Don’t forget to consider those pesky hidden fees. Keep in mind that this bank loan will also include an origination fee. For real estate loans, you may have to pay fees for an appraisal, environmental reviews, and filing fees.

JPMorgan Chase Bank

Joining Wells Fargo and Bank of America, JPMorgan Chase Bank is considered one of the “big four” banks. These "big four" banks hold 39% of all U.S. customer deposits.2 When partnering with JPMorgan Chase Bank, you’ll benefit from their lower down payment, favorable fixed-rate financing and pricing, and an unlimited loan amount.

Their standard SBA terms are 10 years for equipment or 20 years for real estate, with up to 30-year amortization.


SmartBiz estimates their APR at 7.18% to 10.34% with loan terms from 10 to 25 years. For commercial real estate, SmartBiz offers loans from $500,000 to $5 million. But again, watch out for those pesky fees—and there are several associated with SmartBiz SBA loans. For example, SmartBiz charges a one-time referral fee and a one-time packaging fee for commercial real estate loans.

Speed is your friend with SmartBiz. Unlike other lenders on our list, SmartBiz funds arrive in as few as 7 days. Although their streamlined platform is quick and easy, be prepared to submit more documentation than other online small business lenders.

SBA 504 Calculator

Before signing on the dotted line, you’ll likely want to know the amount of your monthly payment. Typically, loan sums are determined by the borrower’s credit score, profit and loss statements, and purpose for the loan. Loan payment amounts are estimated by loan sum, interest rate, term rates, and guarantee fees.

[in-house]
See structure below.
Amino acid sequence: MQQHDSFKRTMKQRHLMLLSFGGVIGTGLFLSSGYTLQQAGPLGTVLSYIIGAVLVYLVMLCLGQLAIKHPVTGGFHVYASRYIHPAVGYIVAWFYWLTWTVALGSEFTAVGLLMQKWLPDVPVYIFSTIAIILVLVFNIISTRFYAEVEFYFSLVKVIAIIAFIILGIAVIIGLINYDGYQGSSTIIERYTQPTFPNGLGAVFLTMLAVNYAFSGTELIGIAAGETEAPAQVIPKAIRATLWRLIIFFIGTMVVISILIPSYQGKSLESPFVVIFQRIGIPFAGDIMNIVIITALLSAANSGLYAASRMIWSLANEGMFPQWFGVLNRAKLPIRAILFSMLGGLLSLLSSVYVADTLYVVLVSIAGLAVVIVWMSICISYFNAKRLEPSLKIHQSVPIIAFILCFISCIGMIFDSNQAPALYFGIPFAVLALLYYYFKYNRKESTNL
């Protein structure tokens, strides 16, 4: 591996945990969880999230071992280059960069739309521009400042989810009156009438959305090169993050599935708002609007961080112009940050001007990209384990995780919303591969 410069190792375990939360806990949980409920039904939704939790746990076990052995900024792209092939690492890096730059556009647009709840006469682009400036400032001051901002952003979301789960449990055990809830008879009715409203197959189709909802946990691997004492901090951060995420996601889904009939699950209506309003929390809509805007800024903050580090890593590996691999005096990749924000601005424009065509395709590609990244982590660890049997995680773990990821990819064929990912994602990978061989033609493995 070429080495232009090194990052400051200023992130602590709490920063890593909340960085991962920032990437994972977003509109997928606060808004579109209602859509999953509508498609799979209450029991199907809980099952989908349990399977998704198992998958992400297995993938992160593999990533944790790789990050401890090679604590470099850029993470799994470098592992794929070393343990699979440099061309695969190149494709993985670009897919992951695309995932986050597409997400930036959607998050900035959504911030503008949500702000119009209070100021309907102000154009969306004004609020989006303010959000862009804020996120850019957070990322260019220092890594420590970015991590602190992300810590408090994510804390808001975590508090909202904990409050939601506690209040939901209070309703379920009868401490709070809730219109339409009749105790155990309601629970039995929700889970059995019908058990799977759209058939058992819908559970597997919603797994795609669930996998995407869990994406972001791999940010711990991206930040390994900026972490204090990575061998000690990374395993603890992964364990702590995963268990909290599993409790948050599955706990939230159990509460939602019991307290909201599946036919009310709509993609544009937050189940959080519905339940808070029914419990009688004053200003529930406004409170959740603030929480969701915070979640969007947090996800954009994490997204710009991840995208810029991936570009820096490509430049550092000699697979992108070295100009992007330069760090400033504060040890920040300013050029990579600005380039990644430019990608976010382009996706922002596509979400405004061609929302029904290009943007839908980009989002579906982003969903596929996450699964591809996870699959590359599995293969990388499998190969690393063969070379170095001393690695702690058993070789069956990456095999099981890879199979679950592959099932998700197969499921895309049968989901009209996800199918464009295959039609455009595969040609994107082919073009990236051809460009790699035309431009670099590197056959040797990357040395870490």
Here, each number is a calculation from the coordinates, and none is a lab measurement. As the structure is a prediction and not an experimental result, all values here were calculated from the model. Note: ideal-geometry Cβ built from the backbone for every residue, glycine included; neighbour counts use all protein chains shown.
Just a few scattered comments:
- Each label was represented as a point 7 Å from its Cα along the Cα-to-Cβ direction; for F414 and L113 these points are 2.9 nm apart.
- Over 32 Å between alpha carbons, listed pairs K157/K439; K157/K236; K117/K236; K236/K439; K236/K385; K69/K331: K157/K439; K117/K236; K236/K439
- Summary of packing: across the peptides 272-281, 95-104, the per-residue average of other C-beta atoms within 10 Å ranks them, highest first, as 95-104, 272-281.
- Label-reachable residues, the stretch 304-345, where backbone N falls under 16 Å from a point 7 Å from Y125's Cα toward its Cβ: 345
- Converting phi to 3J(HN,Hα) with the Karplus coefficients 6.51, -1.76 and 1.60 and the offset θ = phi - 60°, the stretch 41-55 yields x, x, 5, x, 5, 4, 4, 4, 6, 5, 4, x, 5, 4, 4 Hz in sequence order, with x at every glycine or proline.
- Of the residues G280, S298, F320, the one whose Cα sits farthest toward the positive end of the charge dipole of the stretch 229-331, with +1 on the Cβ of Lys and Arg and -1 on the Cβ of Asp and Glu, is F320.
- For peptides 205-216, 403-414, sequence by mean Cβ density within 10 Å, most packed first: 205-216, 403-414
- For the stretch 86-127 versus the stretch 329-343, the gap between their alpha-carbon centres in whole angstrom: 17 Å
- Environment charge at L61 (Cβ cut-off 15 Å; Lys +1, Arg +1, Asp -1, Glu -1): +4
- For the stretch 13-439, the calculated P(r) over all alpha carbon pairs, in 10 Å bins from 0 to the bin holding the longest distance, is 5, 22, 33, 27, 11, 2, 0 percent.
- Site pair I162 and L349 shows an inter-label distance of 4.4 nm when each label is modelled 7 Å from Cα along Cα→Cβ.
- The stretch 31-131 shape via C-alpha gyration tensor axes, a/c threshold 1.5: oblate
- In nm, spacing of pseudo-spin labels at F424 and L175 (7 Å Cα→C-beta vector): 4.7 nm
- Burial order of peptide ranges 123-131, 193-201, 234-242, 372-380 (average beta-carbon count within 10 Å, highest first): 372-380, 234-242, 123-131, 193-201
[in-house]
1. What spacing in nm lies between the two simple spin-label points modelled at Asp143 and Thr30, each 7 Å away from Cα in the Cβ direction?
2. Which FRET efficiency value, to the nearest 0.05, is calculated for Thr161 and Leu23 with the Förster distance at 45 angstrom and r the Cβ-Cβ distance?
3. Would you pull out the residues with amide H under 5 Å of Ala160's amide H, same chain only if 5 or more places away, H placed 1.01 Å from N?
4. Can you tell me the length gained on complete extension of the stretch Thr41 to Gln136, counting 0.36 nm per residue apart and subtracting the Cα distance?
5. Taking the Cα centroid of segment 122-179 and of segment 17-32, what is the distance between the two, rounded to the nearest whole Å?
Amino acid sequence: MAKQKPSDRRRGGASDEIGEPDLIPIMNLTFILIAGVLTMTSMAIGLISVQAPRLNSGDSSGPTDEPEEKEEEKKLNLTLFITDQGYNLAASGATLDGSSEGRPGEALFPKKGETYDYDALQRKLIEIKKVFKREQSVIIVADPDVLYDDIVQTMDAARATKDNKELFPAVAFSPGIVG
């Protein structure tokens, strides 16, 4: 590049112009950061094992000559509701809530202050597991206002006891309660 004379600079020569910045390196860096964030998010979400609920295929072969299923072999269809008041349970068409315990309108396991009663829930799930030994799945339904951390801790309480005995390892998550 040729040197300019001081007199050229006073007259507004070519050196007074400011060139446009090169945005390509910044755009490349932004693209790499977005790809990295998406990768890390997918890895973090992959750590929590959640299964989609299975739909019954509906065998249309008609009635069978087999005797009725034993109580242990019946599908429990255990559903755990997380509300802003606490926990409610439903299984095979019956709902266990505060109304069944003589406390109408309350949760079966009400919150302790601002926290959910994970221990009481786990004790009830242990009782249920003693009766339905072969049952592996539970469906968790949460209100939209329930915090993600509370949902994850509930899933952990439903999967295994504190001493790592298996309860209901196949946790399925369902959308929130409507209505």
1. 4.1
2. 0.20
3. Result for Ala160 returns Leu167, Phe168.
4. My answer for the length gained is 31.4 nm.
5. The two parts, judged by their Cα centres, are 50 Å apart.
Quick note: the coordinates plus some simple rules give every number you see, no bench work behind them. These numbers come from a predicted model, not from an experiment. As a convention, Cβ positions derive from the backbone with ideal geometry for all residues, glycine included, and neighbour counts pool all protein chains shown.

To estimate your SBA loan payments, consult a free SBA loan payment calculator.

The takeaway

With several different types of SBA 504 lenders available, you’re sure to find a financing option that will help you fund asset purchases, such as land or equipment.

Think the SBA 504 loan program may be for you? With affordable interest rates and low down payments, you can ensure your business has the capital it needs to grow and flourish.


At Business.org, our research is meant to offer general product and service recommendations. We don't guarantee that our suggestions will work best for each individual or business, so consider your unique needs when choosing products and services.

Sarah Ryther Francom
Written by
Sarah Ryther Francom
Sarah is Business.org’s senior content editor. She has more than 15 years of experience writing, editing, and managing business-focused content. As the former editor-in-chief of Utah Business magazine, Sarah oversaw the state’s premier business publication, developed several custom publications, and managed all business-to-business content. She also co-authored a business book with FJ Management CEO Crystal Maggelet. Sarah is passionate about helping small-business owners reach sustained success.